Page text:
Medicare Supplement plans are primarily designed to offset some of the costs not covered by Medicare alone, and are considered secondary insurance. The plans are standarized, meaning that all benefits are uniform regardless of carrier. Premiums, however, will vary. You can see a description of the different Medicare Supplement plans and the coverage they offer at the Medicare.gov website by clicking here. Medicare Supplement plans do not require you to see doctors from any specific network, as long as the doctor you choose accepts Medicare. Medicare Supplement plans do not include prescription drug coverage, so they are typically paired with a Medicare Part D plan to cover medications.
What Types of Medicare Supplement Plans are there?
Medicare Supplement plans are standardized by federal and state laws, and in most states are assigned letters to differentiate between them. If you live in Masschusetts, Wisconsin, or Minnesota, Medicare Supplement plans are standardized in a different way specific to your state. In all states, one type of Medicare Supplement plan will offer the same benefits regardless of which insurance carrier provides the plan. For example, if you decide you want Medicare Supplement Plan F and are trying to decide between carriers, you can know that the benefits will be the same with any carrier that offers that plan in your area. Premiums and other terms will vary, but your benefits will be the same regardless of the carrier you choose. You can find more information about the different Medicare Supplement plans available and what they cover at Medicare.gov byclicking here.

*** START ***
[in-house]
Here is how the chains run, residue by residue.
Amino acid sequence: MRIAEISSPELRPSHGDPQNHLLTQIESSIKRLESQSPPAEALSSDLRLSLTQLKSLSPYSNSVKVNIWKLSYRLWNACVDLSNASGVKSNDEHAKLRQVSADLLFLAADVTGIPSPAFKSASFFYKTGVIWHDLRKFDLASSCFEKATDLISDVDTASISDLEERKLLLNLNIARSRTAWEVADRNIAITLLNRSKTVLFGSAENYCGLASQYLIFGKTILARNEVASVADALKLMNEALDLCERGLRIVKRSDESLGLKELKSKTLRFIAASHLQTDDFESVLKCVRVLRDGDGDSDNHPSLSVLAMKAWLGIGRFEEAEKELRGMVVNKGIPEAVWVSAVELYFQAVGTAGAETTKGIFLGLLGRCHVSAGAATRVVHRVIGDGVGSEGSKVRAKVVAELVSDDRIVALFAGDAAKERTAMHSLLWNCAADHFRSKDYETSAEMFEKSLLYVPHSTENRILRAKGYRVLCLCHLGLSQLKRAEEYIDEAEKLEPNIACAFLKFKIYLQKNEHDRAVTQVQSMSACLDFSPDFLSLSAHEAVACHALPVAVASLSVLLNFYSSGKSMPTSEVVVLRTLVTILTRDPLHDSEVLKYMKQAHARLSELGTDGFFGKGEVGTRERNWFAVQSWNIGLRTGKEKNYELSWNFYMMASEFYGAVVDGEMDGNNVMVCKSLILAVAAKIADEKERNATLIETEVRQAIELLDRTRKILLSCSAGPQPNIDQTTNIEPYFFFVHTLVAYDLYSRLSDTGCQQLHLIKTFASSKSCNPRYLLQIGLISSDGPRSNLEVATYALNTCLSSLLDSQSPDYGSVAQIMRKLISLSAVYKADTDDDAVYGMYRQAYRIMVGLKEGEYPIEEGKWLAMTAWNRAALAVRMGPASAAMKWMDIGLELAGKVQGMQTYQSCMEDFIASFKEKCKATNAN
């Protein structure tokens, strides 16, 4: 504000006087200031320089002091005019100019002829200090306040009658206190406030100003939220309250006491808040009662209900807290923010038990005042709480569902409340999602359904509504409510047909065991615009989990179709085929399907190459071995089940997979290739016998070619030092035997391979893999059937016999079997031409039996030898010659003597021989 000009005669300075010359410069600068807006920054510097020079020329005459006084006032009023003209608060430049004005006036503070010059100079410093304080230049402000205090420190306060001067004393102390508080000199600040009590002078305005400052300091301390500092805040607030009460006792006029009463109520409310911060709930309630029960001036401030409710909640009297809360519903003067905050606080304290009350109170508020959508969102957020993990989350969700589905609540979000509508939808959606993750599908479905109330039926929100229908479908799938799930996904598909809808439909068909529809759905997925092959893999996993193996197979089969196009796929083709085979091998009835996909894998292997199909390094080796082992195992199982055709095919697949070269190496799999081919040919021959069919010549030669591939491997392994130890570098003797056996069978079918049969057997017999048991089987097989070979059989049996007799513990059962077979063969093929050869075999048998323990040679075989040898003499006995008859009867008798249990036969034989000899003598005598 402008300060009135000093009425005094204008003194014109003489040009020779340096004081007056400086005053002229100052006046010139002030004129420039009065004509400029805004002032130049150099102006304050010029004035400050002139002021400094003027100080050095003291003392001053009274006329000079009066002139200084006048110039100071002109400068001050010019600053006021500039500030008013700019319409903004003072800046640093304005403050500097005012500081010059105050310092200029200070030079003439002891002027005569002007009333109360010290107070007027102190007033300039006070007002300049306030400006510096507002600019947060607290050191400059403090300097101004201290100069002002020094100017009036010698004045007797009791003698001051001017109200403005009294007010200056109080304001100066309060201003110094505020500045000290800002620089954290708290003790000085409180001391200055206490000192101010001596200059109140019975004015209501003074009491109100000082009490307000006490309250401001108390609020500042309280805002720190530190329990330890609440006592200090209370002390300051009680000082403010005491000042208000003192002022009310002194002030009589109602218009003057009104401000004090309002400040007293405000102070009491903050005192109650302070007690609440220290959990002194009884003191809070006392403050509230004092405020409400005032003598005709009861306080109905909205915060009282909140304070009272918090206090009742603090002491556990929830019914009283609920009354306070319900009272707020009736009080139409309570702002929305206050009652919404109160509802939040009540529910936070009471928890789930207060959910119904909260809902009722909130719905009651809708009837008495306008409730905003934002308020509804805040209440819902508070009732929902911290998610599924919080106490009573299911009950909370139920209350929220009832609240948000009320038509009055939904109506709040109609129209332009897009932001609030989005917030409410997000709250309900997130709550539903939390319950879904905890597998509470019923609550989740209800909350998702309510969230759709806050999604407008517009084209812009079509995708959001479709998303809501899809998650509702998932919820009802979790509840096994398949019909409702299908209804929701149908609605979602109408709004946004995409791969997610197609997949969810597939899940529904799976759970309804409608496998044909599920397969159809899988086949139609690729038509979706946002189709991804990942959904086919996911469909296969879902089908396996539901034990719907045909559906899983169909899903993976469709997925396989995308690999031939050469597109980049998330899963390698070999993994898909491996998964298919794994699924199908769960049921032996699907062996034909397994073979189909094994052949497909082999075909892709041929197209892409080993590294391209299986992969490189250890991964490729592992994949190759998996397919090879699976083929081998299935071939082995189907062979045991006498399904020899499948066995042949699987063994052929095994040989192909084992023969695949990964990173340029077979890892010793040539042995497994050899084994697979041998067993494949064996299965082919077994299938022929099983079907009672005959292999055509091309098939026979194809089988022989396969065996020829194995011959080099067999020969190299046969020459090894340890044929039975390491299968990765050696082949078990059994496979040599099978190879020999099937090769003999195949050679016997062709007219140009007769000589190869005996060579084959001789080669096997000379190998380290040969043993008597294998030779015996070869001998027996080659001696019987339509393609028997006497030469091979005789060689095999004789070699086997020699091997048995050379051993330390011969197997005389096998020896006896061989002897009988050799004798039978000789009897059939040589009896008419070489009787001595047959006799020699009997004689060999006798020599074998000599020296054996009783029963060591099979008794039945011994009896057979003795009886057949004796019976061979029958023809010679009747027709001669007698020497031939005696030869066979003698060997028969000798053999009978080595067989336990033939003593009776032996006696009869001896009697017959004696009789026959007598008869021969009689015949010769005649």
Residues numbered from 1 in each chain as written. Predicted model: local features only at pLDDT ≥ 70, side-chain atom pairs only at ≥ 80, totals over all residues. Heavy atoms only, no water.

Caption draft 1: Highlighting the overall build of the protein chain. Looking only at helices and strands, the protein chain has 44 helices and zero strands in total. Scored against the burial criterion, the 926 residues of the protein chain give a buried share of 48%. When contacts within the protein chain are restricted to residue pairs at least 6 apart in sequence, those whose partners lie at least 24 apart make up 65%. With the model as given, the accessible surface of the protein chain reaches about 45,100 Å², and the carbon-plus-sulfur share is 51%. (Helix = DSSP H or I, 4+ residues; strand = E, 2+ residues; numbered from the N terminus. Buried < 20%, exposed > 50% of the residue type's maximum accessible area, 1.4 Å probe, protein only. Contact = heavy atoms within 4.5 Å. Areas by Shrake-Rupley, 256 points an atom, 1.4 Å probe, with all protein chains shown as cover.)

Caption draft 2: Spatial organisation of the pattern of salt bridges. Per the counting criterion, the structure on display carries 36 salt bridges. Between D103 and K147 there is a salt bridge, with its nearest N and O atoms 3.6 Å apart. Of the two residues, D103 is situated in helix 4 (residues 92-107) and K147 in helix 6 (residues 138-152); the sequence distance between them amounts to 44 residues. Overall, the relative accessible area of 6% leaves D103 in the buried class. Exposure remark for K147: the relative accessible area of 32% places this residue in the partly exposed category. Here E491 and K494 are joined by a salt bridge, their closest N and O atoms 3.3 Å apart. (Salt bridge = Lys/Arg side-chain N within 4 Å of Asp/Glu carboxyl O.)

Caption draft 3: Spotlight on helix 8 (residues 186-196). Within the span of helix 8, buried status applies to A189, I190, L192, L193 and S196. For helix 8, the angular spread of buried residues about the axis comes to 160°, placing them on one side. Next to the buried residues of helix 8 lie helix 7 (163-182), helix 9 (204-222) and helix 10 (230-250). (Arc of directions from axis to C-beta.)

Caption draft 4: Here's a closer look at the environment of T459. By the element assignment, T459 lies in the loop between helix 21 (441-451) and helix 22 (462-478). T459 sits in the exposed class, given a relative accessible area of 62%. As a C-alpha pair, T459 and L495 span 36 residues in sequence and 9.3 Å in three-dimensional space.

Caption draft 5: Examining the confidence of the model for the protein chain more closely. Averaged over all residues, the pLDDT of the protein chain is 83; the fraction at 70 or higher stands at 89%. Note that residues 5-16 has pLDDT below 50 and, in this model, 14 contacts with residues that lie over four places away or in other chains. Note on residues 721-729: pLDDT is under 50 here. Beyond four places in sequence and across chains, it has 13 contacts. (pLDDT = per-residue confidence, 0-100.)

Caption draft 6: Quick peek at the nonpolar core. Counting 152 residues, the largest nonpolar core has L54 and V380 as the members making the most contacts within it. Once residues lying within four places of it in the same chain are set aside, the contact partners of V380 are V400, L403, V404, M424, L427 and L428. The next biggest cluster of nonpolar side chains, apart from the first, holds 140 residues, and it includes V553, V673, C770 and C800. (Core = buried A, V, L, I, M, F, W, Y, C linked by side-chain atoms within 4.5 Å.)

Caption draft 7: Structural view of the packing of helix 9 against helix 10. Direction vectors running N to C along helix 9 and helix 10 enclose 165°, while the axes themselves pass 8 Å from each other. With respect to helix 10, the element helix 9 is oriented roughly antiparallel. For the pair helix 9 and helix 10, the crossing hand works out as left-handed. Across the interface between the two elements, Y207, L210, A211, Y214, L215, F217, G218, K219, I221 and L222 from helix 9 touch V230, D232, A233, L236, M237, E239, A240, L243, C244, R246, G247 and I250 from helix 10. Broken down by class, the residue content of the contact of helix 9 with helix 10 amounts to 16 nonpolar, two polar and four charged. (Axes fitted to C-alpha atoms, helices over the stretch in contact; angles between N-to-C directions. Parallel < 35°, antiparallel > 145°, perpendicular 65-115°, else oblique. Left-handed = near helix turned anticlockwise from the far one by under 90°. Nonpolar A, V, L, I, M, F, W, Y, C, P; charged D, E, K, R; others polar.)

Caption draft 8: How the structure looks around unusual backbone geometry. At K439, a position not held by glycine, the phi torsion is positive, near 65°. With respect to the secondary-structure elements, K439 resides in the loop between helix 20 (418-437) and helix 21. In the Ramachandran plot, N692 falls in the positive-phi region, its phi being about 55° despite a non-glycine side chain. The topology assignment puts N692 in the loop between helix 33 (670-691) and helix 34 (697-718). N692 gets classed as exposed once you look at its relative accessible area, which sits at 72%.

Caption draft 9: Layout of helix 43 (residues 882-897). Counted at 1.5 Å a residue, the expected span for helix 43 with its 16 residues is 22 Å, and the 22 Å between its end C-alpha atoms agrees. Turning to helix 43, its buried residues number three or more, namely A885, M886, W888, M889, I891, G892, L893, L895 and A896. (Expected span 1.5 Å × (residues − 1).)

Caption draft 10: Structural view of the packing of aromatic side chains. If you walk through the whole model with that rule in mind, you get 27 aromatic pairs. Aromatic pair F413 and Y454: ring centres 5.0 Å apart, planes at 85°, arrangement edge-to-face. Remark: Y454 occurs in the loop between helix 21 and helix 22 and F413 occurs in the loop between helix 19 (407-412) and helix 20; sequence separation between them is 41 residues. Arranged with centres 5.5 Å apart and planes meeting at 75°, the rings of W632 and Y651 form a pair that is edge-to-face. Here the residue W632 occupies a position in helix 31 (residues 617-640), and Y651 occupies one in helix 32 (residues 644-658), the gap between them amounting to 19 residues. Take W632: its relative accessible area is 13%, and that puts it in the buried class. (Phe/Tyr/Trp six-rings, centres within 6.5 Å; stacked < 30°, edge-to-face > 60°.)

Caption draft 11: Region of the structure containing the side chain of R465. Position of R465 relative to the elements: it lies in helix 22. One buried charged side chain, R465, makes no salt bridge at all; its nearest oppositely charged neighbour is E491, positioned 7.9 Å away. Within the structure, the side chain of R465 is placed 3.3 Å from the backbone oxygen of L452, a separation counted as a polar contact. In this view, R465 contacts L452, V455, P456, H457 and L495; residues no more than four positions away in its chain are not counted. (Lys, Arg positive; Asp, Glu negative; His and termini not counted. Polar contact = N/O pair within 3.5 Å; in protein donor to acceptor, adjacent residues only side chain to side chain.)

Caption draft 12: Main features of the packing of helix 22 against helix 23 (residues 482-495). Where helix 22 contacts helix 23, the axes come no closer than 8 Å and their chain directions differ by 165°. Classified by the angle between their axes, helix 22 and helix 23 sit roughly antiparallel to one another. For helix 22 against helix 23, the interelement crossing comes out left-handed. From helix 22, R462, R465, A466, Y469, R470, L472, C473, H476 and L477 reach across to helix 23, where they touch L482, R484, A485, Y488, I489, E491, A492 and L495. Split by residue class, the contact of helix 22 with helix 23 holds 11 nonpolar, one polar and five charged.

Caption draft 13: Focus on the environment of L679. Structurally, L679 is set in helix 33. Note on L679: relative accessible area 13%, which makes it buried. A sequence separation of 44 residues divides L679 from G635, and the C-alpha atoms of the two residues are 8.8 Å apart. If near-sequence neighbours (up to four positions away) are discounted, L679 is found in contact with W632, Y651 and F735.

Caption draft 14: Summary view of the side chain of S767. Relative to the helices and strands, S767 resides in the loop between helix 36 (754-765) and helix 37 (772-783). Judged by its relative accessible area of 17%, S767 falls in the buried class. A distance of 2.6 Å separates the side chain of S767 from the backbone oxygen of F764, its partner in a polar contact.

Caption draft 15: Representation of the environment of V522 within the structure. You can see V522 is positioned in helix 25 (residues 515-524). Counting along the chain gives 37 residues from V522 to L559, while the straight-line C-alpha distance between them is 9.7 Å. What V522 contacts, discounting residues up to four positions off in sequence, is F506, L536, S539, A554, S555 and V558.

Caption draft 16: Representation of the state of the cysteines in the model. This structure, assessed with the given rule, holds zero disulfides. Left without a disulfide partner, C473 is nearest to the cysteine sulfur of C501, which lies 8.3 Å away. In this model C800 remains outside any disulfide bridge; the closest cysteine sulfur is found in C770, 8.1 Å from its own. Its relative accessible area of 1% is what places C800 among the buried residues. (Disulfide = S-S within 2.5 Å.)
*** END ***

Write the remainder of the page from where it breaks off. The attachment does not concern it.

I have a pre-existing or chronic condition. Are there Limitations in What Coverage I’ll be able to get?
In many situations, you are entitled to what are called guaranteed issue rights, meaning that carriers must sell you a Medicare Supplement plan and cannot limit coverage of pre-existing conditions or charge you more for your coverage than someone in better health. However, if you apply for a Medicare Supplement outside of when you have guaranteed issue rights, you may be subject to medical underwriting, and could be charged a higher premium or denied coverage due to your health. If a carrier chooses to issue you a Medicare Supplement plan when you don’t have guaranteed issue rights, and you have had six continuous months of medical insurance considered “creditable coverage”, they cannot deny you coverage for a pre-existing condition, or make you go through a waiting period. Otherwise, they can impose a waiting period of up to six months on coverage for pre-existing conditions. You can find more information about guaranteed issue rights and when you have them at Medicare.gov by clicking here.
Can I Keep my Doctor?
Yes, as long as your doctor or doctors accept Medicare, you can continue seeing them while being covered by a Medicare Supplement plan.
Will I Have to Pay a Premium?
Medicare Supplement plans do have a monthly premium, and the total cost of that premium will vary depending on the plan and carrier you choose. You will need to continue to pay your Part B premium in addition to whatever premium your Medicare Supplement plan charges. You may be eligible for premium assistance to cover some or all of these costs depending on your income and other factors. You can find more information on premium assistance programs on Medicare.gov by clicking here.